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Today’s top Florida stories
• News Service of Florida: DeSantis will ask legislators to hold a special session on property insurance. “DeSantis said the special session could address other issues that did not get resolved during the regular legislative session, which ended March 14. Among the high-profile issues that did not pass were a plan to put additional requirements on condominium buildings after the deadly collapse last year of the Champlain Towers South building in Surfside.”
• NPR News: TSA will no longer enforce travel mask mandate after a federal judge strikes it down. “The federal travel mask mandate will not be implemented as the Biden administration reviews a Florida federal judge’s ruling against it.”
• Fresh Take Florida: FBI investigating whether Florida prisoner sent threatening letter to US judge. “A federal grand jury has indicted a self-described gang member with a violent criminal history in a Florida prison, accusing him of mailing a ruthless threat to a senior federal judge in Jacksonville – and trying to frame one of his fellow prisoners, according to court records.”
• Miami Herald/Tampa Bay Times ($): Florida still won’t explain why it rejected math textbooks. “Days after rejecting dozens of math textbooks for including what the state Department of Education claimed were ‘indoctrinating concepts,’ Florida officials on Monday continued to refuse requests for examples.”
• News Service of Florida: Florida’s jobless rate dips to 3.2 percent as workers have unprecedented opportunities. “Florida’s unemployment rate dipped to 3.2 percent in March, as workers shift away from gigs at hotels, restaurants and entertainment venues for higher-paying jobs in manufacturing, warehousing and logistics.”
• News4Jax: Relief at the pump: Florida gas prices continue to drop. “The state average has now declined nearly 25 cents per gallon over the course of a little more than two weeks. The average price in the state is now $4.01 for a gallon of regular gas. That’s 27 cents less than a month ago, and the lowest price since Russia invaded Ukraine.”
• WFSU: Gadsden County residents voice opposition to likely removal of Rep. Lawson’s district. “Florida lawmakers are meeting in Tallahassee this week to pass a new congressional map as part of the once-a-decade reapportionment process. Republican legislative leaders have said that they plan to pass a map that the governor will sign and that can stand up in court.”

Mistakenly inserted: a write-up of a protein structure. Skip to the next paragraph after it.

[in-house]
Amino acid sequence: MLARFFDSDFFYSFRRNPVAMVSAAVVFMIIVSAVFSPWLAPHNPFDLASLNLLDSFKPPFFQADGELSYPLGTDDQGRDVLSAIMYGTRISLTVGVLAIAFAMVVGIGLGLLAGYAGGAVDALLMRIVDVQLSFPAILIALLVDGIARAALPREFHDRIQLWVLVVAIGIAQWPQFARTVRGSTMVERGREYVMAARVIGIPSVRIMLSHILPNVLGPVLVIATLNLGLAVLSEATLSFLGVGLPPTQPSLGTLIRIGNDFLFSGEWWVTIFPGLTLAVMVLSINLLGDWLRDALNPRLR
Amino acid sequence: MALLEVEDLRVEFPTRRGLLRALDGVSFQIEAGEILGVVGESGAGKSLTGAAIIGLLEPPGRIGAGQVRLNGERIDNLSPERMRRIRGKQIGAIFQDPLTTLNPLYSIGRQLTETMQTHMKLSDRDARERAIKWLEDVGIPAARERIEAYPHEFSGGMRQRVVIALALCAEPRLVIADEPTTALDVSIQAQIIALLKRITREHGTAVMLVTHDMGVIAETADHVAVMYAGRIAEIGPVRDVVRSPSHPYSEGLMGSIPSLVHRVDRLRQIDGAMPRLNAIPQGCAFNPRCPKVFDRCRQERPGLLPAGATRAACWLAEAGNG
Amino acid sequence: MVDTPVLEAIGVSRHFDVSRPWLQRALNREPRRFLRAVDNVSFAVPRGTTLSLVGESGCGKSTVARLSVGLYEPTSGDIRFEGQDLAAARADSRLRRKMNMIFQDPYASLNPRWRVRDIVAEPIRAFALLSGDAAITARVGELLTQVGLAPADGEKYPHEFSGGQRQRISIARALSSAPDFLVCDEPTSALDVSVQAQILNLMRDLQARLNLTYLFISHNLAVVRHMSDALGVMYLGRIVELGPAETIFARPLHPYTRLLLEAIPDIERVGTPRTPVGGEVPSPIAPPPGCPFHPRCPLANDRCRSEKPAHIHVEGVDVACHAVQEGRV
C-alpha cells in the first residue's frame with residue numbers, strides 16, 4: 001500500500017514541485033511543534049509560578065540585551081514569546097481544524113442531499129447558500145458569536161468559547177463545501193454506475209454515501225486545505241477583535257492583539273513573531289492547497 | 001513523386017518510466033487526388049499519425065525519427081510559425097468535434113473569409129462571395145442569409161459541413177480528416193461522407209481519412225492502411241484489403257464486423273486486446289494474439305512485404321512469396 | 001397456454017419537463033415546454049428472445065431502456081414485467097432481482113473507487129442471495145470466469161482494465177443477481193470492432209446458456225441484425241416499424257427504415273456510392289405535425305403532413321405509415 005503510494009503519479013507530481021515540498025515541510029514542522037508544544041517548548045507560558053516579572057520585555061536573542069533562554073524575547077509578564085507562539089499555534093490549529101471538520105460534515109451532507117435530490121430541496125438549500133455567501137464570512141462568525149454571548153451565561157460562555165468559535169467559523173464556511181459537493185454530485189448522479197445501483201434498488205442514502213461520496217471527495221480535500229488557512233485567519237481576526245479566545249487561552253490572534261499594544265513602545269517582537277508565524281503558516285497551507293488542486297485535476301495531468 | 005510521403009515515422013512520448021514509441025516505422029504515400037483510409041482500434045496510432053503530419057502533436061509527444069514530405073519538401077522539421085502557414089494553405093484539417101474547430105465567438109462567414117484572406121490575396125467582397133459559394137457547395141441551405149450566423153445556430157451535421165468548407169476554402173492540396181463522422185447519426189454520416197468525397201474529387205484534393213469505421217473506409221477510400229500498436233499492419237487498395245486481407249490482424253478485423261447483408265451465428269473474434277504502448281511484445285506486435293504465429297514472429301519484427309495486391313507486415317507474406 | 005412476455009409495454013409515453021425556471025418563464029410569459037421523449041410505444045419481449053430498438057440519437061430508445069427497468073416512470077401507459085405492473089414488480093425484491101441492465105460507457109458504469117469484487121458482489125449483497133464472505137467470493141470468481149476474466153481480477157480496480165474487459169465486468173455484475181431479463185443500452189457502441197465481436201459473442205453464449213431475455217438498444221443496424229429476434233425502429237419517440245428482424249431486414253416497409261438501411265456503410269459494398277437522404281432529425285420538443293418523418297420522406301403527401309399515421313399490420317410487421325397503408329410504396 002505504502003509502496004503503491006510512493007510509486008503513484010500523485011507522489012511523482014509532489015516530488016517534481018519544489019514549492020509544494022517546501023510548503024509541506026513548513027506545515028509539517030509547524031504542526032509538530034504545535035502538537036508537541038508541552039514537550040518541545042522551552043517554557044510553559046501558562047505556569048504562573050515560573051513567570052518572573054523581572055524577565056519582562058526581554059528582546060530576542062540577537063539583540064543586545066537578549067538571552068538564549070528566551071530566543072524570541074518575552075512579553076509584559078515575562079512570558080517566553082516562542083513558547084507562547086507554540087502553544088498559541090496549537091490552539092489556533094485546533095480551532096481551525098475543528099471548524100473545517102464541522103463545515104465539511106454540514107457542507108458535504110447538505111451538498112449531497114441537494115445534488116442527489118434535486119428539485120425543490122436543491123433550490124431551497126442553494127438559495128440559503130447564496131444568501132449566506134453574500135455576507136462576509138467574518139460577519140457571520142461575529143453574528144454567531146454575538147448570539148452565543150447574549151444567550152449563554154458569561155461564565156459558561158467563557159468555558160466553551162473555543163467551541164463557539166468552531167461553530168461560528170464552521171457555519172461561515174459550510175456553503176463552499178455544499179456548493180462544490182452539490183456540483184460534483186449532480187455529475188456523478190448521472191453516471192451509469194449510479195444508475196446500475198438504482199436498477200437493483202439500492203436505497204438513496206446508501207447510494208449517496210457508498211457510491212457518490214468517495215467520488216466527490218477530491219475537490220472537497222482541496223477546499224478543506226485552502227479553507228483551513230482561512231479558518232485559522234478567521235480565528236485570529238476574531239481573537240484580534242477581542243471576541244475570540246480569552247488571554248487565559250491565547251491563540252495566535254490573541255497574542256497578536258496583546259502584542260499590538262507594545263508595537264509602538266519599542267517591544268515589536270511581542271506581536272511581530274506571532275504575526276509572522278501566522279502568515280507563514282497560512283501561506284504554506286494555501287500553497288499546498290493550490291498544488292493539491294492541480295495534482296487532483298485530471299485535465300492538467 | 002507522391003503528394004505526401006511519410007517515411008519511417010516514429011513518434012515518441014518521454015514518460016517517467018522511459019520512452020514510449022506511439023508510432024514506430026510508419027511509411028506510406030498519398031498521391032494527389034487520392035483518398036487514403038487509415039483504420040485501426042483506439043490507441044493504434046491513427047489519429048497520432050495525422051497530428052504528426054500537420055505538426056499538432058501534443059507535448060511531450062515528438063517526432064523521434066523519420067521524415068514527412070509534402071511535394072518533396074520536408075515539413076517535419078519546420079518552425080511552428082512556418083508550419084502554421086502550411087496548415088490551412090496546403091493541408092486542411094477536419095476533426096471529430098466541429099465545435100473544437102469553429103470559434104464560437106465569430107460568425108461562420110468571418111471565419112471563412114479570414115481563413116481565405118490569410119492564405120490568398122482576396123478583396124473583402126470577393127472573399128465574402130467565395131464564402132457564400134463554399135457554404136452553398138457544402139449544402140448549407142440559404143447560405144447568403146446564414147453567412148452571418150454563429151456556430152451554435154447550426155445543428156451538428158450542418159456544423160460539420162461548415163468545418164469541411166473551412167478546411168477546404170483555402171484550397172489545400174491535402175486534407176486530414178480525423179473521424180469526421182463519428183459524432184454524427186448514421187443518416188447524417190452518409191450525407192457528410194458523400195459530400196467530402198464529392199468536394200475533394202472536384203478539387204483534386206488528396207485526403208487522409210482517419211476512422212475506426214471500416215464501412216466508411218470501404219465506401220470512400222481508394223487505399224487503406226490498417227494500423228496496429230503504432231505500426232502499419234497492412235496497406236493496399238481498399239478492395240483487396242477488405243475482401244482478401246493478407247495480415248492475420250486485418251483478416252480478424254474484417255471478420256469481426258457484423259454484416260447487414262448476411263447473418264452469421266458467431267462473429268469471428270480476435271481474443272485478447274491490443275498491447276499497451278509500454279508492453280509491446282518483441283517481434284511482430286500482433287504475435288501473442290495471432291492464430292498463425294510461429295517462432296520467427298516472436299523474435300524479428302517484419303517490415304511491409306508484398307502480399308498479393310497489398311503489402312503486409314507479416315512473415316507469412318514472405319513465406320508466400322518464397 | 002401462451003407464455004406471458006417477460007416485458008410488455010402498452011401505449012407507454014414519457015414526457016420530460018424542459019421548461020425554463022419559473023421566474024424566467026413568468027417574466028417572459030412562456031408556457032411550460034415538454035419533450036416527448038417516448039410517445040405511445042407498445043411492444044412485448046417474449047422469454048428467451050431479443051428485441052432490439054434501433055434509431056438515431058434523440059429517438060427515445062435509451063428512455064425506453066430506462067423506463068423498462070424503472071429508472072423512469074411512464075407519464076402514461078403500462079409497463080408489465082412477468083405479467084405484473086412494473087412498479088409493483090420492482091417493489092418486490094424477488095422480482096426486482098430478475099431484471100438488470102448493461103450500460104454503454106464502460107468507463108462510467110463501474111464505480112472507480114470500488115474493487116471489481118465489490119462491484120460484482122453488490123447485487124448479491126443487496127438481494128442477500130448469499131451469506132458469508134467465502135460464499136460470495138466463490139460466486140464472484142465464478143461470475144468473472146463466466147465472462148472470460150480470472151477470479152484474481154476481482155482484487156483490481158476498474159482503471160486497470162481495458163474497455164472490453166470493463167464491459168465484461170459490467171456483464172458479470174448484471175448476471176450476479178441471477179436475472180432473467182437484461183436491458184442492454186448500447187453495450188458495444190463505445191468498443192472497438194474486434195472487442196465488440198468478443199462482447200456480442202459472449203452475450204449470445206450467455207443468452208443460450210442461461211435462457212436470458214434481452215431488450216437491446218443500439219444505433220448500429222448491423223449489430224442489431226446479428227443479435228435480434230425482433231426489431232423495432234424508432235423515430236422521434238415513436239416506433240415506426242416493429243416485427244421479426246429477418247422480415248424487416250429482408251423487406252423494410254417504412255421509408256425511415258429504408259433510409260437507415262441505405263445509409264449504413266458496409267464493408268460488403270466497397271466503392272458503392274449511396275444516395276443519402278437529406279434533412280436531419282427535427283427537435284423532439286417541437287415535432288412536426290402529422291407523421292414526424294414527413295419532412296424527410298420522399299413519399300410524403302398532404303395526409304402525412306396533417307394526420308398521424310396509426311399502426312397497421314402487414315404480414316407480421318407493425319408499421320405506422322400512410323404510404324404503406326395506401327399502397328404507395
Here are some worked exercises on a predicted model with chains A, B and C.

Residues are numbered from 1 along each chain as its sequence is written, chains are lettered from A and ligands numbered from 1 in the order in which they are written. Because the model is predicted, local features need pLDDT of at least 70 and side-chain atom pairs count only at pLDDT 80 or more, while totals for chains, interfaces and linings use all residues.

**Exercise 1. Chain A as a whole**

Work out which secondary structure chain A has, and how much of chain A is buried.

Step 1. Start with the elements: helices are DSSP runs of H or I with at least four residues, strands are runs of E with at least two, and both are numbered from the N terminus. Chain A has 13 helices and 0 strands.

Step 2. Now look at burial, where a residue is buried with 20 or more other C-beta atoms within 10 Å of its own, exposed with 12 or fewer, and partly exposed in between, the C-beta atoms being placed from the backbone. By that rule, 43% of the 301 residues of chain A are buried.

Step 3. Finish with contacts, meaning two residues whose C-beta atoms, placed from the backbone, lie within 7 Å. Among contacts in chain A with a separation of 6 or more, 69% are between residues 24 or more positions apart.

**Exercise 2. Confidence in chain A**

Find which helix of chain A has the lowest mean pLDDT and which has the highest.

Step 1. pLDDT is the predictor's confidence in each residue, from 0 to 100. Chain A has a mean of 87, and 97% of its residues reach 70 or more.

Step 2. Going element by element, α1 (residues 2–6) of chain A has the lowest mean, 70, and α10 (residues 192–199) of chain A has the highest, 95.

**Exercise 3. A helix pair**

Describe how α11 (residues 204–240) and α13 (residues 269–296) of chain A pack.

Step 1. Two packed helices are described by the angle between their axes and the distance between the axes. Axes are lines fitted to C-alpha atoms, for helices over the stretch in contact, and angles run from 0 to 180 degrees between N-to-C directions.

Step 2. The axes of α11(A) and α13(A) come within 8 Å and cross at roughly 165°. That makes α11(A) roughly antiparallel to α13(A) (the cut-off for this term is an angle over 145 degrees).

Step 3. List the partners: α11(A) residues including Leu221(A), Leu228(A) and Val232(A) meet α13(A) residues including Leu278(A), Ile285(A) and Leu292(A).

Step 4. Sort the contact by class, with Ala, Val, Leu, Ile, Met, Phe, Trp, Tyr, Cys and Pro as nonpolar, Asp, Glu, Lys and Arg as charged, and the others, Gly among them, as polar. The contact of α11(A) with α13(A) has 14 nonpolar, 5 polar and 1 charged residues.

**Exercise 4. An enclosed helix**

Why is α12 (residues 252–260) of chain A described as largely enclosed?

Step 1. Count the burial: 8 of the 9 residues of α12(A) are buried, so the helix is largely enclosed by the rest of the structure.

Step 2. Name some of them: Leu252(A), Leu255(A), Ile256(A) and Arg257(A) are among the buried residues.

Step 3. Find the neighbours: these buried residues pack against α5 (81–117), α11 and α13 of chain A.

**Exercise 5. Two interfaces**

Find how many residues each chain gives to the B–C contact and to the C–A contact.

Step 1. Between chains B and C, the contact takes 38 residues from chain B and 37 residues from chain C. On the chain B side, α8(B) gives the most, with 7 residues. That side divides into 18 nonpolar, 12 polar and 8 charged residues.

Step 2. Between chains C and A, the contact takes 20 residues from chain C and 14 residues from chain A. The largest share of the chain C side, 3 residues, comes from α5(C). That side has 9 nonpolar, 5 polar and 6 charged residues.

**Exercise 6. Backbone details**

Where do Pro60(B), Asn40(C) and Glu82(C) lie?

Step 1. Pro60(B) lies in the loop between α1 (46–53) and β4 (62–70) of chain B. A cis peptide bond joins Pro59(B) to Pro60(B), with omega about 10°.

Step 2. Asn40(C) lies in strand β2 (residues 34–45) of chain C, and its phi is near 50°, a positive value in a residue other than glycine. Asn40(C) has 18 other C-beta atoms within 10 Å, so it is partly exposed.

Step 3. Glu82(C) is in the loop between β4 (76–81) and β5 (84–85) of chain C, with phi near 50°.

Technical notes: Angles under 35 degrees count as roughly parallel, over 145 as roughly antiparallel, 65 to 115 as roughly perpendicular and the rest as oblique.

• Florida Times-Union ($): Gov. Ron DeSantis approves $80 million for new trauma center at UF Health Jacksonville. “Gov. Ron DeSantis said Monday in Jacksonville he will keep $80 million in the budget approved by the state Legislature for a new UF Health Jacksonville trauma center that will be named in honor of the late Leon Haley Jr., who died a year ago while serving as the hospital CEO.”
• Palm Beach Post ($): Judge overseeing Nikolas Cruz death penalty trial sheds anonymity for national spotlight. “Elizabeth Scherer has been a Broward County circuit court judge since 2012, but her tenure had been mostly unnoteworthy until she was randomly selected to oversee the trial of Nikolas Cruz.”
• Tallahassee Democrat ($): What is going on with Florida’s first 3D printed house? Find out why it’s still not completed. “The three-bedroom, two-bath house, which will have a listing price of $225,000, still needs electric wiring, appliances, paint, flooring and kitchen furnishings before being ready for its first open house.”
• WFLA-Tampa: Over 700 license plates banned in Florida. “According to FLHSMV, license plates with ‘obscene or objectionable words’ are rejected. If a plate is issued that is later found to be obscene or objectionable, the plate will be recalled. Staff in the tax collectors’ offices or FLHSMV offices screen vanity plates for potentially obscene options.”
• The Alligator: Hawks plunge at pedestrians in the Norman Hall area. “The hawks are back for their annual mating season, ready to dive-bomb anyone near their babies. This is the third year that the same set of hawks has nested, UF’s Assistant Vice President of Facilities Services Mark Helms said. They come every spring for six weeks and leave once they have their babies.”
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